Costly, myopic approach to decades-long conflict

President Duterte, in his final State of the Nation Address last Monday, said that his administration has made “great strides” in addressing the root causes of the armed conflict with the Left revolutionary movement “by empowering our kababayans who have been used by the communists for so many decades.”

This was accomplished, he stressed, through the National Task Force to End the Local Communist Armed Conflict (NTF-ELCAC) that he nominally heads. He explained how:

“We have worked towards the sustainable rehabilitation and development of communities where the communists used to operate. We invested in farm-to-market roads, school buildings, water and sanitation systems, health stations and livelihood projects.”

“Kasali na tayo dito lahat (We are all in this together),” he interjected in an ad-lib, referring to the NTF’s vaunted “whole-of-nation” counterinsurgency approach.

“Because of these interventions, more than 17,000 former communist rebels have surrendered to the government,” the President crowed. “They have returned to the fold of the law and are happily reintegrating into society through the E-CLIP (Enhanced-Comprehensive Local Integration Program.”

(The E-CLIP is a complete package of assistance to “Former Rebels or FRs” and their families – members of the CPP, the NPA and NDFP “who voluntarily abandoned the armed struggle and opted to become productive members of the society,” per Administrative Order 10 dated May 17, 2018. It lists 17 benefits, including various cash handouts in tens of thousands of pesos per FR. In charge of E-CLIP is “Task Force Balik-Loob” composed of second-level officials of the DND, DILG, OPAPP, Office of the President, and the National Housing Authority.)

With the local governments’ backing, Duterte said he was confident that “support for the communist movement will continue to erode in the next few months.” Capping his spiel from a written speech, he declared: “And like the decades-old Moro rebellion in Mindanao, we will also bring an end to the armed struggle of the communists once and for all.”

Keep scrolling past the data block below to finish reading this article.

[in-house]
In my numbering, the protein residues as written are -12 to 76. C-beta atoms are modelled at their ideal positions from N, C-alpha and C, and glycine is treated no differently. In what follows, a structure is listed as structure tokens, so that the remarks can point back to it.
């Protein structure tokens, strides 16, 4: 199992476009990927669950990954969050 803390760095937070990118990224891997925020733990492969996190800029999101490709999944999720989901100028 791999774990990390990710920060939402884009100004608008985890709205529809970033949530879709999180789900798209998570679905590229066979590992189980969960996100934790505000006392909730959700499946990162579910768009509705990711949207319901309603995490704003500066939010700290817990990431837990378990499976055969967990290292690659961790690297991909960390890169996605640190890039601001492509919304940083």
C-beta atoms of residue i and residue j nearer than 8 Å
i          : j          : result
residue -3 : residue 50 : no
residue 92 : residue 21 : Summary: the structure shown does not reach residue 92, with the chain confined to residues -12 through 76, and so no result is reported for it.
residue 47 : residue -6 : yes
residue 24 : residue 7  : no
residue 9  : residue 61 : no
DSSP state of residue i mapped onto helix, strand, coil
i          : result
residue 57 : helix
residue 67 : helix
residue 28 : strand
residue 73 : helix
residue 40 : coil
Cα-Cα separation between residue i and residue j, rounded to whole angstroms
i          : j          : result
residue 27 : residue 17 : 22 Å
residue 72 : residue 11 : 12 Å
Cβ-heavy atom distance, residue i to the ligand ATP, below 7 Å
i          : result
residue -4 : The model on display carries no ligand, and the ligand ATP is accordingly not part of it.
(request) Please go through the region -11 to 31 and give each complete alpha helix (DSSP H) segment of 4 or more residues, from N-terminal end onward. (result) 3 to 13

Note: The Bangsamoro/MILF rebellion was ended through a comprehensive agreement in 2014 after protracted negotiations almost like those between the GRP and the NDFP. However, Duterte arbitrarily ended the latter in 2017 even as, per his negotiators, they were already making “unprecedented advances.”

From these pronouncements, one would get this idea: That for the Duterte government, “addressing the root causes of the armed conflict” could be reduced to “investing” in the projects that he cited, in communities previously influenced by the revolutionary movement. The administration doesn’t seem to recognize that it’s duty-bound to carry out those projects in all communities lacking the support for their day-to-day needs.

President Duterte did not categorically say his administration would end the armed conflict before the end of his term. In fact, he dovetailed his statement on ending the conflict “once and for all” with this ad-lib: “Speech-speech man lang ito. Kunwari lang, pero ang totoo there’s a lot of fighting going on in the countryside.”